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STARDUST MEMORIES (director/writer: Woody Allen; cinematographer: Gordon Willis; editor: Susan E. Morse; music: Dick Hyman; cast: Woody Allen (Sandy Bates), Charlotte Rampling (Dorrie), Jessica Harper (Daisy), Marie-Christine Barrault (Isobel), Tony Roberts (Tony), Daniel Stern (Actor), Helen Hanft (Vivian Orkin); Runtime: 90; MPAA Rating: PG; producer: Robert Greenhut; MGM Home Entertainment; 1980)
“Woody at his most autobiographical.”

Reviewed by Dennis Schwartz

Woody Allen (“Manhattan”/”Broadway Danny Rose”/”Annie Hall”), who has courted the persona as the lovable schlemiel, turns nasty here shunning his usual more sympathetic pose as the vic and angrily strikes back at the hardships of fame, at critics, at the studio executives, at sycophants, at fan expectations, at besieging charities, at family members, and at real and imaginary foes. The result is Woody at his most autobiographical, self-pitying, angriest and mean-spirited, but hardly at his best. A film much influenced by Fellini’s 8 1/2 (1963), that was acidly funny in parts but overall reveals the filmmaker in a solipsistic and misanthropic light as he tells us to cool it and not take things too seriously. It postures to be an art film but only looks like art in a superficial way, as the filmmaker’s memories work best in fragments but not as a whole. The aim, according to Woody, was to show an artist on the verge of a mental breakdown who viewed the world through a distorted state of mind. But this was blown aside by too much whining, self-congratulations, pretense and nostalgia yearnings for the so-called good old days.

Famous filmmaker Sandy Bates (Woody Allen) suffers from a creative block, failed relationships, and an overactive neuroses. Sandy goes by rail to attend a weekend film seminar that includes a retrospective of his films at the Stardust Hotel in New Jersey and observes he’s on a train with losers while the passing train has winners; the one-note joke is that he is continually harassed by the public and now questions his genius as he no longer finds much personal satisfaction in his achievements, his fame or in his current female relationships. The studio suits pester him when he will make his next film and tell him that too much reality is not what the people want.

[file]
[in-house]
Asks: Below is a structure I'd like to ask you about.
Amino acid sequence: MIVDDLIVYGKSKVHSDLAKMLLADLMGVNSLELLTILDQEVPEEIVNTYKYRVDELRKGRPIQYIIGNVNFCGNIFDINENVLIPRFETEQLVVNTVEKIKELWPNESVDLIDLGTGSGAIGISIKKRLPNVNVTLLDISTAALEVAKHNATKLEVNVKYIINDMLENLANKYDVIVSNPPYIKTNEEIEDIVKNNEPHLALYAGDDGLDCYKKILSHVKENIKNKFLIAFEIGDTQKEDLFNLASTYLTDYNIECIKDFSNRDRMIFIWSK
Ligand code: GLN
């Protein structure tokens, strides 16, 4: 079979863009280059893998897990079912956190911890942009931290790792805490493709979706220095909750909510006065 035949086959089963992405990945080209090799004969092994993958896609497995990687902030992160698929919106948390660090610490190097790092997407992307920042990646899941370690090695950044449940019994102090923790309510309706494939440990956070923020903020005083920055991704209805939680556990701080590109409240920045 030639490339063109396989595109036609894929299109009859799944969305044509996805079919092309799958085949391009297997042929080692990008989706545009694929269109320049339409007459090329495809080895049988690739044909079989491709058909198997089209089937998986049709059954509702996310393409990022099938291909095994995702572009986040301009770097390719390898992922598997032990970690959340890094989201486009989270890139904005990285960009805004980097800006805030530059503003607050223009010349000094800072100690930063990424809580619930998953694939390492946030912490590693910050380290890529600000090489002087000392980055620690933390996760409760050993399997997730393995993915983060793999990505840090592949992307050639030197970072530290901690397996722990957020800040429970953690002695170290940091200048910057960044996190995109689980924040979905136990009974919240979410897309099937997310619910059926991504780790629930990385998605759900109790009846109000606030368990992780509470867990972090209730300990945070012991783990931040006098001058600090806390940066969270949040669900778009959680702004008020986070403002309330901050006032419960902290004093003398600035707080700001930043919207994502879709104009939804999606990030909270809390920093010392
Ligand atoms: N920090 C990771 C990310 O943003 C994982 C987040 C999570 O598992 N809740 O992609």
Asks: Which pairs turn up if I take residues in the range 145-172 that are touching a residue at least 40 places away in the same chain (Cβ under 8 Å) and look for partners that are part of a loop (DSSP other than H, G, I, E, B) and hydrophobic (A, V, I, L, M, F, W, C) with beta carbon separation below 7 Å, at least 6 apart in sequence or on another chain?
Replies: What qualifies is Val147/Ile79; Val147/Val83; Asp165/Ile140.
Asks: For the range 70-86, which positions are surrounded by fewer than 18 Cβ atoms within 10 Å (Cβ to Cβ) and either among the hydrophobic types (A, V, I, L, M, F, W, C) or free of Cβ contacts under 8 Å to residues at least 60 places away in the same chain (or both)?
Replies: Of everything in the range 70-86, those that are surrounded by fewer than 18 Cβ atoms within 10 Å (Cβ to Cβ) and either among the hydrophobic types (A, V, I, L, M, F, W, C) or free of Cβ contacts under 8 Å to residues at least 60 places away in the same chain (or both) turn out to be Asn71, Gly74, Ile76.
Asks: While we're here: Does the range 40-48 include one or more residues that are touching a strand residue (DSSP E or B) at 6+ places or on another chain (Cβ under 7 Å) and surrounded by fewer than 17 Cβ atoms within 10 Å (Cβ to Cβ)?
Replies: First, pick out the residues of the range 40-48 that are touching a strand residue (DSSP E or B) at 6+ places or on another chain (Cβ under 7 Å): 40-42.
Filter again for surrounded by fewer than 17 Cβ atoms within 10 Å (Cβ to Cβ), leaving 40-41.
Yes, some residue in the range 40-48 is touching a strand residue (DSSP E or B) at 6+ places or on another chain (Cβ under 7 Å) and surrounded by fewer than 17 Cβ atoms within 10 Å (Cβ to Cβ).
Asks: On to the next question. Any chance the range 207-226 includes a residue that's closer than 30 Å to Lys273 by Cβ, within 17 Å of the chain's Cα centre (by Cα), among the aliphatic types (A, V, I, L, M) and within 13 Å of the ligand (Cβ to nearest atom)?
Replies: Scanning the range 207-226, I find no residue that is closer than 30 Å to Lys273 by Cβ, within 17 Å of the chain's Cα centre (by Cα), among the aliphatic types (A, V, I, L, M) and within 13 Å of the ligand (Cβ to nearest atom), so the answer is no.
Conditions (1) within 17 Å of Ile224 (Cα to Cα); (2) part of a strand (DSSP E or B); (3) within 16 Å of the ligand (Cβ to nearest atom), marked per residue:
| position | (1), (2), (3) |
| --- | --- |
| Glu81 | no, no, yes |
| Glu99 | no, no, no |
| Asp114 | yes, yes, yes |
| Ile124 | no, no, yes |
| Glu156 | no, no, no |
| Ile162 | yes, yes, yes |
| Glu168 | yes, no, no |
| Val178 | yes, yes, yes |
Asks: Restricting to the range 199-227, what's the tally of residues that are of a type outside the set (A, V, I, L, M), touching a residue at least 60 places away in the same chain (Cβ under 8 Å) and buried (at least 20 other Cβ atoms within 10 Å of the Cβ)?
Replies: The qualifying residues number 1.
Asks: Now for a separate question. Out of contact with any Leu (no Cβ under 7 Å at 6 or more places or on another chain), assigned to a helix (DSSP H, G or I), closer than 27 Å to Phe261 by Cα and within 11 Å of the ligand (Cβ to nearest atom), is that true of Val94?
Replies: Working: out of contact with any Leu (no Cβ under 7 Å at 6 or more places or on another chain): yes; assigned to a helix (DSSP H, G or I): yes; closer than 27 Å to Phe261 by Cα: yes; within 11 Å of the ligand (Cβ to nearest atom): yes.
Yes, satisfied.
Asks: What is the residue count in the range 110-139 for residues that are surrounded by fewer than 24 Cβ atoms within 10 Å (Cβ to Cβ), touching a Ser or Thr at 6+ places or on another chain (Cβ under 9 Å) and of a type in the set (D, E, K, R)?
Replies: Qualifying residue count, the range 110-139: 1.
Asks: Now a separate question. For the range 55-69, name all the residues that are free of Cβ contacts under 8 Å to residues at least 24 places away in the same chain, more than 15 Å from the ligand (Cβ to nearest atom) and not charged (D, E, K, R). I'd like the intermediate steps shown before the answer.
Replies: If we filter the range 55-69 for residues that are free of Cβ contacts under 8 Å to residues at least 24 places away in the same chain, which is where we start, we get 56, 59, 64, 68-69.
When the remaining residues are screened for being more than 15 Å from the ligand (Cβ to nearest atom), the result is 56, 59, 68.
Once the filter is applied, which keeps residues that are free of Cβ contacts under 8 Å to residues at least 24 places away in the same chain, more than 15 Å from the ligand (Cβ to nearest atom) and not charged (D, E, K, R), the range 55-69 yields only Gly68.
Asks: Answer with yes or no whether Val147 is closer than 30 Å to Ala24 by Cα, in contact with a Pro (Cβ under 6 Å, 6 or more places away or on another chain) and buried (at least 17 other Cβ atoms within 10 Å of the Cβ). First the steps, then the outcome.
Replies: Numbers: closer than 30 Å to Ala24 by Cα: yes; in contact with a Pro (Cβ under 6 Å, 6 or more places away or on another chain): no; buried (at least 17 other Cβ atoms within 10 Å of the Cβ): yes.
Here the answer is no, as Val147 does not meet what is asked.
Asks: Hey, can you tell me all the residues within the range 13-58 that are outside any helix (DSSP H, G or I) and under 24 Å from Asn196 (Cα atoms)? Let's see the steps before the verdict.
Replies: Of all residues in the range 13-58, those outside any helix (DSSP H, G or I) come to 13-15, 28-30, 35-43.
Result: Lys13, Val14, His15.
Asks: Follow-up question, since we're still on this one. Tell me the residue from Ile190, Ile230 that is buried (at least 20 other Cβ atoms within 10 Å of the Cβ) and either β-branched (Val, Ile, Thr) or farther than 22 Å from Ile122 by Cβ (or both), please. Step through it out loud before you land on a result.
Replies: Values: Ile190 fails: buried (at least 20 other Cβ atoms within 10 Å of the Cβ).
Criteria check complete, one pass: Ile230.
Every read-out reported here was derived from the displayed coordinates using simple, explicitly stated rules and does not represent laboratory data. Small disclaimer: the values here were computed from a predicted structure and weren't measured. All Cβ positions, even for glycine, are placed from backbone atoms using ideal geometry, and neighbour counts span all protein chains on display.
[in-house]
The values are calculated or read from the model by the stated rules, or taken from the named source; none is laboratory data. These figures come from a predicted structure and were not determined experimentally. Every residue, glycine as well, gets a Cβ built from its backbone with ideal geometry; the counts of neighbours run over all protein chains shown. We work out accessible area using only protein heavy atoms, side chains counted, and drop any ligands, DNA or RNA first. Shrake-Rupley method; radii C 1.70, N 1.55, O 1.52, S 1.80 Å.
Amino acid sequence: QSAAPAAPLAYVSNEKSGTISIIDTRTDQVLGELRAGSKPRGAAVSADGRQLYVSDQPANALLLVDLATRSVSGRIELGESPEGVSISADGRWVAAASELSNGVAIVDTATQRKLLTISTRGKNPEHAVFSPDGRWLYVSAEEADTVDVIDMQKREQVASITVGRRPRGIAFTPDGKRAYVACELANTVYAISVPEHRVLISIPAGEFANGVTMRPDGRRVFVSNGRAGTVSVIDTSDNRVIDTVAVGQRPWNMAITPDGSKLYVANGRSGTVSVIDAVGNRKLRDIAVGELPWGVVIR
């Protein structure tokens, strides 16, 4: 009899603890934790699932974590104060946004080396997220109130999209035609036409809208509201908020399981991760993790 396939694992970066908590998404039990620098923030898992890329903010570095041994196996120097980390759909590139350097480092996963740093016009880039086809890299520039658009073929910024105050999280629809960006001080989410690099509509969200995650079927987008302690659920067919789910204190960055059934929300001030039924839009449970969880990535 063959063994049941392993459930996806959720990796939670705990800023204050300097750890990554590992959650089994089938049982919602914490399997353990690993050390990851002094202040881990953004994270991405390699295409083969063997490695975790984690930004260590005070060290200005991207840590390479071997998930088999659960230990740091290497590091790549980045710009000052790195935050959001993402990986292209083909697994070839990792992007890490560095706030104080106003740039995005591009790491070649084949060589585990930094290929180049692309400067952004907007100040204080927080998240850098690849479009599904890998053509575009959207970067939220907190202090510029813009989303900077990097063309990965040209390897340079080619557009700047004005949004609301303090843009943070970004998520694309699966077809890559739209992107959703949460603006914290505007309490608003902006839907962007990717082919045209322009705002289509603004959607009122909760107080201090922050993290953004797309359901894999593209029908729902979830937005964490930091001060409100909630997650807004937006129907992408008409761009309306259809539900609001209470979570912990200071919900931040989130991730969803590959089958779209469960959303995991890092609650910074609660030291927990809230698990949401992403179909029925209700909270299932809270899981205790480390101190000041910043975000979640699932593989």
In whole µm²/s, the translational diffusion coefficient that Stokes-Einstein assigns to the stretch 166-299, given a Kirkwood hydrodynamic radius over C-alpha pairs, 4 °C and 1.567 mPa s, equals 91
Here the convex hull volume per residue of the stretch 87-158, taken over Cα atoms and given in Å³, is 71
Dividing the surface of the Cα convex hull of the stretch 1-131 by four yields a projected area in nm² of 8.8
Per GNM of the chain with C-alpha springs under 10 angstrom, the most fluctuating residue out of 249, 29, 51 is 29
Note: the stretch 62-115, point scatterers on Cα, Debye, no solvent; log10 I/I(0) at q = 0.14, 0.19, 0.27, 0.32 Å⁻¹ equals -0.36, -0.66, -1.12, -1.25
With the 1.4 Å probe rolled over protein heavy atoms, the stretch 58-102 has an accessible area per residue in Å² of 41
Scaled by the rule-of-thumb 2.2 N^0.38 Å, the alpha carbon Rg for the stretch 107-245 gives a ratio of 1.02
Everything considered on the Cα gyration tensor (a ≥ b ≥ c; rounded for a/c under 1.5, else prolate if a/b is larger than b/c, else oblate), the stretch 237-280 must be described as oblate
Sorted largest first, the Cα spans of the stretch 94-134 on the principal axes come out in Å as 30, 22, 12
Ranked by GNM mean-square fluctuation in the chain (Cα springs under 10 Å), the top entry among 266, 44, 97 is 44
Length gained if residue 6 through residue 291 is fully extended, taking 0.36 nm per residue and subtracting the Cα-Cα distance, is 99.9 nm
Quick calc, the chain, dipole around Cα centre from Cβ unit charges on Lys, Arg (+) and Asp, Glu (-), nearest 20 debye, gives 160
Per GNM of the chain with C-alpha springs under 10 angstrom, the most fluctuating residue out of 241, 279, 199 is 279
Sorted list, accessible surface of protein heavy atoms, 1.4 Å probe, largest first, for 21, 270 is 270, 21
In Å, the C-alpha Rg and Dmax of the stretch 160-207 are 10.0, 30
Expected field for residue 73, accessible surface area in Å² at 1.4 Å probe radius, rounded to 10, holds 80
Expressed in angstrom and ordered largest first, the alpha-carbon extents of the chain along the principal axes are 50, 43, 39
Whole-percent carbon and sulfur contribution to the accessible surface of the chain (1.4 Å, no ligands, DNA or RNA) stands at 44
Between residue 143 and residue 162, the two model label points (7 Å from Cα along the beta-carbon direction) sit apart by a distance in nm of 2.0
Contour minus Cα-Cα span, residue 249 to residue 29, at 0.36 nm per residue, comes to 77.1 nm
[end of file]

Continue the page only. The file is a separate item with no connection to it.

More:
Sandy spends quality time kvetching about personal relationships: the termination of an affair with a neurotic actress Dorrie (Charlotte Rampling), the surprise appearance of his French mistress (Marie-Christine Barrault) at the festival with her two children claiming that she has just left her husband for him, and his own romantic attraction to the guest violinist (Jessica Harper) at the seminar.

These are some of the many memorable scenes in Stardust Memories: the appearance in a dream of an extraterrestrial who confesses he prefers the filmmaker’s earlier films and tells him ”You want to do a service for mankind?” then ”Tell funnier jokes”; a sequence recalling Sandy’s idea of a perfect spring day with his former lover, Dorrie, accompanied by Louis Armstrong’s rendition of “Stardust” on the soundtrack; and a paranoid dream in which a crazed autograph seeker assassinates Sandy.


Dennis Schwartz: “Ozus’ World Movie Reviews”